Consumer Identity Conditions and Features Framework


By:Travis Jarae, Will Charnley, Cameron D’Ambrosi

Find Your Fit: Consumer Identity Conditions and the Feature Framework

Users think they want products with a lot of features, but sometimes they end up hating those products— just look at BMW’s original iDrive system. It was loaded with features to give drivers more control than ever over entertainment, temperature, and navigation. Unfortunately, feature creep overloaded the system until it was disastrously difficult to use.

As BMW lost control of the scope of the iDrive system, they failed to consider competition and competence. In trying to do too much instead of specializing, they gave themselves myriad competitors. Their R&D dollars would have been enough to do one or two things well, but the resulting product did several things poorly instead.

In a crowded digital identity space, it’s better to excel at one or two things than be mediocre at several things. So how do you identify and implement relevant features that will move the needle for your customers? For consumer identity products and Personal Identity Ecosystems (PIEs), focusing on five target conditions helps prioritize the right features.

Five Consumer Identity Conditions

Liminal has spent years developing a proprietary system for measuring and mapping the digital identity space, and we’ve identified five conditions that digital identity is designed to address. As digital identity transforms to become something more consumer-centric, the shift from enterprises to individuals is bringing new requirements to the forefront, which means that recognizing and finding a specialization within these five conditions will be paramount for platforms in solving consumer identity challenges:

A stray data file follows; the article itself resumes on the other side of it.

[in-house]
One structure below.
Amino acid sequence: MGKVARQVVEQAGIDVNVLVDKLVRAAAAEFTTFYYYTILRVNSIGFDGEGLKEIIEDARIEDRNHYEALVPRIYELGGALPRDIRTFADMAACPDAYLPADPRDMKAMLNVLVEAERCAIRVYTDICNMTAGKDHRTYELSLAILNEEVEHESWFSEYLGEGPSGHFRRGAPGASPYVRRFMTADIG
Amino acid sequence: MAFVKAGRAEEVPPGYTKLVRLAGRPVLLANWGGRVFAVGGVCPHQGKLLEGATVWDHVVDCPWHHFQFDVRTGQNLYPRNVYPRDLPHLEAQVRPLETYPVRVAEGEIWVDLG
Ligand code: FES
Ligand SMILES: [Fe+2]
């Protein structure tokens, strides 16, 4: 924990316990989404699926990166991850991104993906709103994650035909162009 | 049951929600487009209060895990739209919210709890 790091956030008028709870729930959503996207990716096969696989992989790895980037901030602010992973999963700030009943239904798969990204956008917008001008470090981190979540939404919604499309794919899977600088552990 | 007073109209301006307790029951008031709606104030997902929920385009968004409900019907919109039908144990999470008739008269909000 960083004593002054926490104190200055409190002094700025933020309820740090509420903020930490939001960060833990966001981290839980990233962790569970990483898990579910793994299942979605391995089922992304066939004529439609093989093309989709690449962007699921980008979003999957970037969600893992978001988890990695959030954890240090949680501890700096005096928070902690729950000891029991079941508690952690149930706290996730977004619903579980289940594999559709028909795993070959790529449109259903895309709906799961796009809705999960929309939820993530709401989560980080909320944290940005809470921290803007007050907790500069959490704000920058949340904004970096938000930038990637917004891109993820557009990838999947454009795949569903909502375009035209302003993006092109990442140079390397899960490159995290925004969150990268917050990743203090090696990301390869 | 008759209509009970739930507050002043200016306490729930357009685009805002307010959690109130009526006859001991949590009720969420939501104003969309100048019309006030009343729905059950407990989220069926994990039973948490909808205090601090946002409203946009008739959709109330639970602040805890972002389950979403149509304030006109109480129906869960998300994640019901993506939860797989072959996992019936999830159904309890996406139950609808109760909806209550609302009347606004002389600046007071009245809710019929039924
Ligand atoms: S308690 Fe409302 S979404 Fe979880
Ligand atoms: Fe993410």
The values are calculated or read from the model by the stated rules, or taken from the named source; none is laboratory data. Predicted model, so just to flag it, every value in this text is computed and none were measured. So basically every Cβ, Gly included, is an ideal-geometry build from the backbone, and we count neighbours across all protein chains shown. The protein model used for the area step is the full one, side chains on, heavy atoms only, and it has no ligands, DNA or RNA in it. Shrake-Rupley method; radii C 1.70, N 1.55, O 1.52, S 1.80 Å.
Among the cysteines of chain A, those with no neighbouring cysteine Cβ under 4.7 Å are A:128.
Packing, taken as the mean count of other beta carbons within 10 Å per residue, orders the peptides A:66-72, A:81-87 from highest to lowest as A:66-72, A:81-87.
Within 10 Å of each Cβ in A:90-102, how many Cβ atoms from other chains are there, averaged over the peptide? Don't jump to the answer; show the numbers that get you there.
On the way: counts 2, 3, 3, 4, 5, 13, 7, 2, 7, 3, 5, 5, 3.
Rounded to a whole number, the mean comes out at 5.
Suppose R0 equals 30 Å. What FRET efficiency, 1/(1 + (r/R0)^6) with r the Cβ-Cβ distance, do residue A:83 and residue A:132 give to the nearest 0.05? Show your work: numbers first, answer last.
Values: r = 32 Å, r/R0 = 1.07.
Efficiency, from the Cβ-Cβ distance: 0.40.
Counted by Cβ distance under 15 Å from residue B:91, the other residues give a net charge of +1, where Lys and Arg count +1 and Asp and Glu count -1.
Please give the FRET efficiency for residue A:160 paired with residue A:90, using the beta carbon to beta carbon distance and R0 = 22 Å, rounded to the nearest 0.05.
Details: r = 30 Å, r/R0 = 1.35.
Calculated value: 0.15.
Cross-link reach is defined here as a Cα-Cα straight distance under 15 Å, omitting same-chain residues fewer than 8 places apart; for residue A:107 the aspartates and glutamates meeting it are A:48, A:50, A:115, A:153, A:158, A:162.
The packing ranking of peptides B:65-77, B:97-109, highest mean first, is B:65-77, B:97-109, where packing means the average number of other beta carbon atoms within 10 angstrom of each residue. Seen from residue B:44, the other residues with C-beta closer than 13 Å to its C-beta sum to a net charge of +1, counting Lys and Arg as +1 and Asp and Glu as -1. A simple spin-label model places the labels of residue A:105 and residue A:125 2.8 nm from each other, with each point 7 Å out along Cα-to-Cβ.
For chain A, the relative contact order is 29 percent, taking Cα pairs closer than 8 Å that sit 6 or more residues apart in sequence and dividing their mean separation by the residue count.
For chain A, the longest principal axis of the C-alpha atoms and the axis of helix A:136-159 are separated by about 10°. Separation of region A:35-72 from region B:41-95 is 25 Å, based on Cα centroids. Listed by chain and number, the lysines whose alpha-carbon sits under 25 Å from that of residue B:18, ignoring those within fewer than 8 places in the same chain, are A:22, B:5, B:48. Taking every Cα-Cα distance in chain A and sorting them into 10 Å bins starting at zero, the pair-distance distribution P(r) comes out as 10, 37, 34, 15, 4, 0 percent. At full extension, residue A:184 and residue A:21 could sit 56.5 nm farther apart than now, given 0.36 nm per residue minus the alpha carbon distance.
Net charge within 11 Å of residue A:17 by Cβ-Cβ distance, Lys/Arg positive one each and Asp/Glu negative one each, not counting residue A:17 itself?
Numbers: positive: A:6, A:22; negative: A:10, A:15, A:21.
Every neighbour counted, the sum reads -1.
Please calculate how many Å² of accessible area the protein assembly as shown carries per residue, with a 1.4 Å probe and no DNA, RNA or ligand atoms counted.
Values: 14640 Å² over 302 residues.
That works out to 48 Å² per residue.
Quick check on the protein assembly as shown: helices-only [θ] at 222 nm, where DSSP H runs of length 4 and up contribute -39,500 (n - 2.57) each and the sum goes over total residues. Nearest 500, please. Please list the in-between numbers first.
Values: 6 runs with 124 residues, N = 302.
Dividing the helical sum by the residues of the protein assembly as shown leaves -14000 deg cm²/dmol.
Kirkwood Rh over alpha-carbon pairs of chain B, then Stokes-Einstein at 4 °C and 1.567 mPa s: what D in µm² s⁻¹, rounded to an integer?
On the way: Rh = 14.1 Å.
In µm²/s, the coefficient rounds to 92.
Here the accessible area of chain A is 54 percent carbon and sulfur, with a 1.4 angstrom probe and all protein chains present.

1. Privacy – How a user takes control of their digital identity
  2. Commerce – How a user leverages services to initiate transactions
  3. Reputation – How a user manages the information that makes up their online presence
  4. Data Protection – How a user protects their data and digital identity
  5. Inclusion – How a user gains access to services regardless of their personal conditions

Whether consumer-facing or back-end, successful identity products plant a flag in one of these conditions—or at most, in the overlap between two. For example, risk management lives at the intersection of commerce and data protection. Focusing on one or two of these five helps product teams find the North Star that can guide them to the most important features.

In short, this consumer identity conditions and features framework is designed to guide product managers to their optimal booth in the marketplace.

Finding Your Place Among the Five Conditions

Mastering all five conditions at once sounds tempting, but splitting focus too many times makes it difficult to become a leader for any one condition. There are times when it pays to be a jack of all trades, master of none. If you’re creating a consumer digital identity product, though, it’s almost always best to niche down into one (or maybe two) of the five conditions listed above.

For example, you might assess your current product and find that you’re most focused on inclusion and commerce. That’s a great place to be! It likely makes more sense to plant your flag and keep building than it would to branch too far out into privacy, reputation, or data protection. Successful teams figure out where they fit, then lean into their strengths to improve their positions.

Pairing Features With Conditions